Picture this for a second — the monarchy has been dissolved, and the royal family have to vacate their royal residences to live among the “common people.” How amazingly absurd, right? Well, the late Sue Townsend turned this notion into somewhat of a reality with her 1992 novel The Queen and I, which Sky had adapted this satire spectacular into a one-off special just in time for Christmas. This reimagining of the royals is an actual masterpiece, especially when it comes to The Queen and I’s iconic book ending.
Want to save the surprise for Christmas Day? I totally understand, but you may want to click away now. But if you’re like me and have a million and one things planned on the big day along with the task of picking and choosing what show to watch later, I’m going to be giving you the lowdown on The Queen and I ending.
If you cast your minds back to 1992’s general election (I can’t, I wasn’t alive), you’ll remember that the Conservatives unexpectedly won the majority of the vote. In The Queen and I, this meant that the (fictional) People’s Republican Party leader Jack Barker became Prime Minister, and his first port of call as leader of the United Kingdom is to dissolve the monarchy.
A nightmare for the Queen and her family, they are sent packing to Hell Close (Hellebore Close, but the letter for ‘bore’ fell off), where they must adjust their privileged lives to that of a working-class family.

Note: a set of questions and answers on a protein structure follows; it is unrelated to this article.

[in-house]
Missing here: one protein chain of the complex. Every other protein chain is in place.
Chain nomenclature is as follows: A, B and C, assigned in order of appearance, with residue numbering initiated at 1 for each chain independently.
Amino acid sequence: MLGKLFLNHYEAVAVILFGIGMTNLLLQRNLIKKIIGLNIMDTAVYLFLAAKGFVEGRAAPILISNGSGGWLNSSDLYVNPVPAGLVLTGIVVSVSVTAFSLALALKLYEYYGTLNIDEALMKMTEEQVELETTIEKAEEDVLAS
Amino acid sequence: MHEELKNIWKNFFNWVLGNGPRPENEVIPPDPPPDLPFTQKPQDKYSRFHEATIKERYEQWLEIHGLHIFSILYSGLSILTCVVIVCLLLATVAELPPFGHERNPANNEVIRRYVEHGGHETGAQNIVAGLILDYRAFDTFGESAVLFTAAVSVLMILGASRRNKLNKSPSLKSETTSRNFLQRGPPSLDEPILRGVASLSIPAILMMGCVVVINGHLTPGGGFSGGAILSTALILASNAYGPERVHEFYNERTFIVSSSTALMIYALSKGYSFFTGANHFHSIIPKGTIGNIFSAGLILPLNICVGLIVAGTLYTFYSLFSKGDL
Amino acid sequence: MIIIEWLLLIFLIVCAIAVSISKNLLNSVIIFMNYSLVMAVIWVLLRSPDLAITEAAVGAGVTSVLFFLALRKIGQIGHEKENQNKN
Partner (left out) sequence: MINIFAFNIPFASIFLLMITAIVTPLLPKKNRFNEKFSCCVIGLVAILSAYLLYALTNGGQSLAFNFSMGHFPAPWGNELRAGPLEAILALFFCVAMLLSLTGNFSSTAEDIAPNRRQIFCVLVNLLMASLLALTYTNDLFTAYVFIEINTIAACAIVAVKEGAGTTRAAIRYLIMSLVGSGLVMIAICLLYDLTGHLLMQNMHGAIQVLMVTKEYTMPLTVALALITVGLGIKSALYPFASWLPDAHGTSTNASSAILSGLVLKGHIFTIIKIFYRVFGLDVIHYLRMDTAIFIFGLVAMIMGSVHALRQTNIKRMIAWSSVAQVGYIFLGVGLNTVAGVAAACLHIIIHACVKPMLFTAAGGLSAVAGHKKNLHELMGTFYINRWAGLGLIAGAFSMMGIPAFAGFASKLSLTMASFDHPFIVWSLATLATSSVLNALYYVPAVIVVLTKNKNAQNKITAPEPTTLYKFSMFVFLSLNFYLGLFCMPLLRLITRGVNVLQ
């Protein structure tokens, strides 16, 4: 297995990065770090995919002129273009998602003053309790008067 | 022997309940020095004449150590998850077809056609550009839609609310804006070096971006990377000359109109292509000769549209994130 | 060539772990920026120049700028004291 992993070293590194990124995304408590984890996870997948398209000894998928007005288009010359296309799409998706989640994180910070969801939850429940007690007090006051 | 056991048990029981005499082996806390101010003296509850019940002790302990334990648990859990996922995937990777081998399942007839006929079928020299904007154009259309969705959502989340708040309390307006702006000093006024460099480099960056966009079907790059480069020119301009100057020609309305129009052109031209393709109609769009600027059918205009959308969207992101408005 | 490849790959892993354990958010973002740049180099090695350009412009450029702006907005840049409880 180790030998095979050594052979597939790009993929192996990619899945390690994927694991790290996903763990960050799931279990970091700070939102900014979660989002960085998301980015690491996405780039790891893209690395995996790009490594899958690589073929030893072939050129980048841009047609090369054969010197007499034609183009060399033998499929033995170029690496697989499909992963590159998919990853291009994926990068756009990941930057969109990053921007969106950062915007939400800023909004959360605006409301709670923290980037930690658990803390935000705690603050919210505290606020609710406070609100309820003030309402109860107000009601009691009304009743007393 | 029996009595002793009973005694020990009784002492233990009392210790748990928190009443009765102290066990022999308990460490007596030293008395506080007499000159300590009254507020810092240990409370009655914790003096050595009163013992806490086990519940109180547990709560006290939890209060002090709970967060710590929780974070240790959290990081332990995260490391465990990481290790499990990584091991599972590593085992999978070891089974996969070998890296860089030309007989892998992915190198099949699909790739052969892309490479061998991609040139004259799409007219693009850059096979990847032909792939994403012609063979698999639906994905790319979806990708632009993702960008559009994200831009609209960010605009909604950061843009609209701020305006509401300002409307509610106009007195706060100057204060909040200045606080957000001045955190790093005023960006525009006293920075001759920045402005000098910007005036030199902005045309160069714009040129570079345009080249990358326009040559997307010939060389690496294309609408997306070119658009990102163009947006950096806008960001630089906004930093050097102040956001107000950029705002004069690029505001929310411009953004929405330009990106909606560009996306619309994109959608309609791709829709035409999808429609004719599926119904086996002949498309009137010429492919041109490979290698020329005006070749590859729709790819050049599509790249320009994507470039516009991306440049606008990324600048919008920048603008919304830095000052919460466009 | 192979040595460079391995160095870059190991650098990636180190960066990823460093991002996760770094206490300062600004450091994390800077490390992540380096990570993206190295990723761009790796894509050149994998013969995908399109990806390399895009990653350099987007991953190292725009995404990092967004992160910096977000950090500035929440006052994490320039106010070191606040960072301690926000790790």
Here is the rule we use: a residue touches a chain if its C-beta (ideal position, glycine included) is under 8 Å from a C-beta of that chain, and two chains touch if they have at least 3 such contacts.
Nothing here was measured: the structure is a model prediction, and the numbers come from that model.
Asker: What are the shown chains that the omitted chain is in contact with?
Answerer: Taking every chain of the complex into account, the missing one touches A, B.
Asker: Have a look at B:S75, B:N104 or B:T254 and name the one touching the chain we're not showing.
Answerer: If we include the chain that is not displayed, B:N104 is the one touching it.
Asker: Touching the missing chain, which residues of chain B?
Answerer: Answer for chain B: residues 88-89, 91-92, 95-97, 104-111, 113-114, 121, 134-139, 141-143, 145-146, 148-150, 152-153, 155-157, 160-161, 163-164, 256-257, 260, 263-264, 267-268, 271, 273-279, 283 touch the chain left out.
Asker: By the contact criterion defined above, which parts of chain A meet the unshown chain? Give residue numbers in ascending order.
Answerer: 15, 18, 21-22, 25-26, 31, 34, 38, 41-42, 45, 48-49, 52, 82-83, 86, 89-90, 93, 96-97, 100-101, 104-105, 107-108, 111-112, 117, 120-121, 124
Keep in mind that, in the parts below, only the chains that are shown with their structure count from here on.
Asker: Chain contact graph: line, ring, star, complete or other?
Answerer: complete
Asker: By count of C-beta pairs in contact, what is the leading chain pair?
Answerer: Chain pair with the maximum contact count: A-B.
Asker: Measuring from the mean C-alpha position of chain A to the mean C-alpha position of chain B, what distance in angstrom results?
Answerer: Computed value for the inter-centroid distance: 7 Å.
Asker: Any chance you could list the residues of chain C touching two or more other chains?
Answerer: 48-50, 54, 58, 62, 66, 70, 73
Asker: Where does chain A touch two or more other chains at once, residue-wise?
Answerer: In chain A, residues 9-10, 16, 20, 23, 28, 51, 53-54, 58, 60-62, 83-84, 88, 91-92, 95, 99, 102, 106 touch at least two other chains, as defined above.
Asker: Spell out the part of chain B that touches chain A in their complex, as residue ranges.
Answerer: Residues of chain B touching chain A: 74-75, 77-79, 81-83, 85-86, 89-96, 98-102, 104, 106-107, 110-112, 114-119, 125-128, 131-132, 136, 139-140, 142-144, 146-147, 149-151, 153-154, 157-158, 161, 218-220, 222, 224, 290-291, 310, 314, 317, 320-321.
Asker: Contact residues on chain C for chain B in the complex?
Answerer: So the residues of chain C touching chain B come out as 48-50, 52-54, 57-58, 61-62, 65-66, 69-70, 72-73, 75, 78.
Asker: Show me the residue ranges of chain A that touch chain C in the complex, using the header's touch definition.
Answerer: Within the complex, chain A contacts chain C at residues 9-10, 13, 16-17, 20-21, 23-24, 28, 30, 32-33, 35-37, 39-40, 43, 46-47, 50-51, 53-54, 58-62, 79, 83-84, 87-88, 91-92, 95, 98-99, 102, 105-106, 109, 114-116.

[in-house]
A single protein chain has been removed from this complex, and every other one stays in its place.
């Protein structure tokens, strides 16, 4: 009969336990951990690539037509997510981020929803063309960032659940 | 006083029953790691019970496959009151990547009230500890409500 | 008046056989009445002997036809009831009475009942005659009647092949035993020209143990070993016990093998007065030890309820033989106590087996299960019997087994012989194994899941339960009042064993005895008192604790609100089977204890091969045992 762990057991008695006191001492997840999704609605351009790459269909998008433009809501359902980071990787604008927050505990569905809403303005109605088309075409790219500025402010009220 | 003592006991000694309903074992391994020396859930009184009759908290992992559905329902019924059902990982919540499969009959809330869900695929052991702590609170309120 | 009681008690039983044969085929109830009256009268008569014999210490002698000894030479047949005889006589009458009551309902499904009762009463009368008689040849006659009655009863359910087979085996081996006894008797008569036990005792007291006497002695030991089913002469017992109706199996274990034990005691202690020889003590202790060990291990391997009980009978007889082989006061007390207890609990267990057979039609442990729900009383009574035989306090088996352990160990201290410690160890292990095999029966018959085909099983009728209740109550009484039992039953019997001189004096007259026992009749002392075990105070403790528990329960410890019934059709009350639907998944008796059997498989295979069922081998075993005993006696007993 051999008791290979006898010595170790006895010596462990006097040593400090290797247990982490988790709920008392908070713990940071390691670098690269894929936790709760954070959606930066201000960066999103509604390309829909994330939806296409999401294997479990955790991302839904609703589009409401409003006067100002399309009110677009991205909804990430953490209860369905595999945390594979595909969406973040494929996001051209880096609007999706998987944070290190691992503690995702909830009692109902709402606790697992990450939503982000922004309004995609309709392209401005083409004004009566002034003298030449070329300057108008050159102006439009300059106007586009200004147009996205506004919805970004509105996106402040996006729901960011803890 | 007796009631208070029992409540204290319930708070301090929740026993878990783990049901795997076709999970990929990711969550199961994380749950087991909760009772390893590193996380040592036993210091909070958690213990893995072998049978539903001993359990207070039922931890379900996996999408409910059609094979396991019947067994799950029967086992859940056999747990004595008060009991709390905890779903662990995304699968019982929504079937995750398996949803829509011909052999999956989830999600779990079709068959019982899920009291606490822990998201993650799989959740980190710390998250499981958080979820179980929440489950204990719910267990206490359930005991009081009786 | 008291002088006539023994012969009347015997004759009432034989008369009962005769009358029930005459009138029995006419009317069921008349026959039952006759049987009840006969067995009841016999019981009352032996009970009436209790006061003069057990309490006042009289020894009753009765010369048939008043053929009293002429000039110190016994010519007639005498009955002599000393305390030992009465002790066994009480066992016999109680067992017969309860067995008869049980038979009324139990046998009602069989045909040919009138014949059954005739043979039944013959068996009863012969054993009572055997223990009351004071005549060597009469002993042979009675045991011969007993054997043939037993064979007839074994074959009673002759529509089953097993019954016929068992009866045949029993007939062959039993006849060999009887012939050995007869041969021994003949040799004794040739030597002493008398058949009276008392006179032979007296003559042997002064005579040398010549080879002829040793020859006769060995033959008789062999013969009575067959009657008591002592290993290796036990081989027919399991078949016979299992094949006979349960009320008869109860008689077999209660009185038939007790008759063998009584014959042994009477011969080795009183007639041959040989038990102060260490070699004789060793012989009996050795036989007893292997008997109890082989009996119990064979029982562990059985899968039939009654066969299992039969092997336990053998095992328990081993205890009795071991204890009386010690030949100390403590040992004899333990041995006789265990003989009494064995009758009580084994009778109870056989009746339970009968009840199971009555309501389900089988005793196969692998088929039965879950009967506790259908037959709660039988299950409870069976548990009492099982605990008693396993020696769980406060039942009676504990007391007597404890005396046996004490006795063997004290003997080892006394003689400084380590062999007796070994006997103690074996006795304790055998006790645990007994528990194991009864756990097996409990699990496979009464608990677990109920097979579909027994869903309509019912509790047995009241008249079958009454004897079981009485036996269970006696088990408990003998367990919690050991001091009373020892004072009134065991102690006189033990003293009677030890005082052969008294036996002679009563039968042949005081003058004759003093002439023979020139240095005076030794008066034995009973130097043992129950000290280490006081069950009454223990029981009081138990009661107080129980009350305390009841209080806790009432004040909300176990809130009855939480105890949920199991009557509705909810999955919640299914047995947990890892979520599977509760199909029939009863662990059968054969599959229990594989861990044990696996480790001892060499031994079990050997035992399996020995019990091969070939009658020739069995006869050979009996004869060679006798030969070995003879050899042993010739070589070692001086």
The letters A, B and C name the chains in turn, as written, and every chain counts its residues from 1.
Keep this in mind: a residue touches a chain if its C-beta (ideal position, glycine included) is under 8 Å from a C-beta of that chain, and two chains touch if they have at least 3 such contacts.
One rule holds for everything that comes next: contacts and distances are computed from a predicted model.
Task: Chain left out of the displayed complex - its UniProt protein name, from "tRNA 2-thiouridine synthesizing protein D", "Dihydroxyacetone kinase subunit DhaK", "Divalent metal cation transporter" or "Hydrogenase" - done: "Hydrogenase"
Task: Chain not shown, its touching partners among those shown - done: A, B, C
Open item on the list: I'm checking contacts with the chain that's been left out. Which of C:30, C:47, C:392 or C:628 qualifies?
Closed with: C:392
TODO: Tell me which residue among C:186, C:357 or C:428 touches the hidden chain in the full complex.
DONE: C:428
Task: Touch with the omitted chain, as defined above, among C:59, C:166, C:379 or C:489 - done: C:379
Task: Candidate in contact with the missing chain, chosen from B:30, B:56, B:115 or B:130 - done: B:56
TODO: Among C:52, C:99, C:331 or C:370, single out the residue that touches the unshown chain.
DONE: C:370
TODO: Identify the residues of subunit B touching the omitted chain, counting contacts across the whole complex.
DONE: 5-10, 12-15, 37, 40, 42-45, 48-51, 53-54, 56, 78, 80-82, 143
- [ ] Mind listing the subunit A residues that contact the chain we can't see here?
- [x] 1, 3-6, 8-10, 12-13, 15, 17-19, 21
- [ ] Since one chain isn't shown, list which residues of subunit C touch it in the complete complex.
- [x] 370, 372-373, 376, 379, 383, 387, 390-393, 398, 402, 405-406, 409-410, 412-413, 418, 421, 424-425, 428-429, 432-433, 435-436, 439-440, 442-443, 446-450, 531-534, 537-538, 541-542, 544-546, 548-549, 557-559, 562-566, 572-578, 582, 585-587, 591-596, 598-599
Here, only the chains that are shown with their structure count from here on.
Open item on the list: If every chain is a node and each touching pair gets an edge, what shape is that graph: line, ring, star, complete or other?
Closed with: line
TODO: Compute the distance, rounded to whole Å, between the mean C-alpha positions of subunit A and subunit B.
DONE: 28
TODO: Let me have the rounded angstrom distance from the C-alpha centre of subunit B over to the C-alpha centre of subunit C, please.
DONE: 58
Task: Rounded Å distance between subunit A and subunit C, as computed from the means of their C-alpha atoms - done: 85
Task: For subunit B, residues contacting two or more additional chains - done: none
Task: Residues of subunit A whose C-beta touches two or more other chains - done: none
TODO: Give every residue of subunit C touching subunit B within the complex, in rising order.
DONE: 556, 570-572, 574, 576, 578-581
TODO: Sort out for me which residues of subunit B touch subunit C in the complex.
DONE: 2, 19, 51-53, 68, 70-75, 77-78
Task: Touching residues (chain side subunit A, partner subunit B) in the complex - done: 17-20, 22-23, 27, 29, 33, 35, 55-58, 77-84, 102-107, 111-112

And they actually do it with surprising ease. The Queen learns how to make a good brew and live without the aid of servants, Princes Charles grows out a ponytail and dons a shell suit, and Princess Anne falls for local carpet fitter called Spiggy. Not really the most enlightened projection of the working classes tbh, but that's for another conversation.
Even though the royals adapt to their new lives, that’s not to say that Barker is doing anything substantial to run the country. Turning the UK into a republic rather than a country ruled by a monarchy doesn’t exactly pan out, and involves Barker selling the UK to the Emperor of Japan. Y’know, normal government stuff.
That is until the Queen wakes up. Yep, it turns out that this whole fiasco was just a bad dream she had the night before the general election. She wakes to find that the Conservatives won a consecutive term, and that John Major has remained Prime Minister, with Jack Barker nowhere to be seen.
From that premise and ending, I bet you can already tell how well this 90-minute comedy is going to translate on screen. Especially when there are actors such as Samantha Bond portraying the Queen, Amanda Abbington portraying Princess Anne, Johnny Vegas portraying Spiggy, and David Walliams portraying Jack Barker.
It may seem like the days of enjoying a specific TV show's Christmas special are over, but I'm definitely warming to the idea of enjoying these one-off adaptations and original stories in their place.
I don't think my Sky box is going to enjoy the amount of content that I'll be recording next week, though.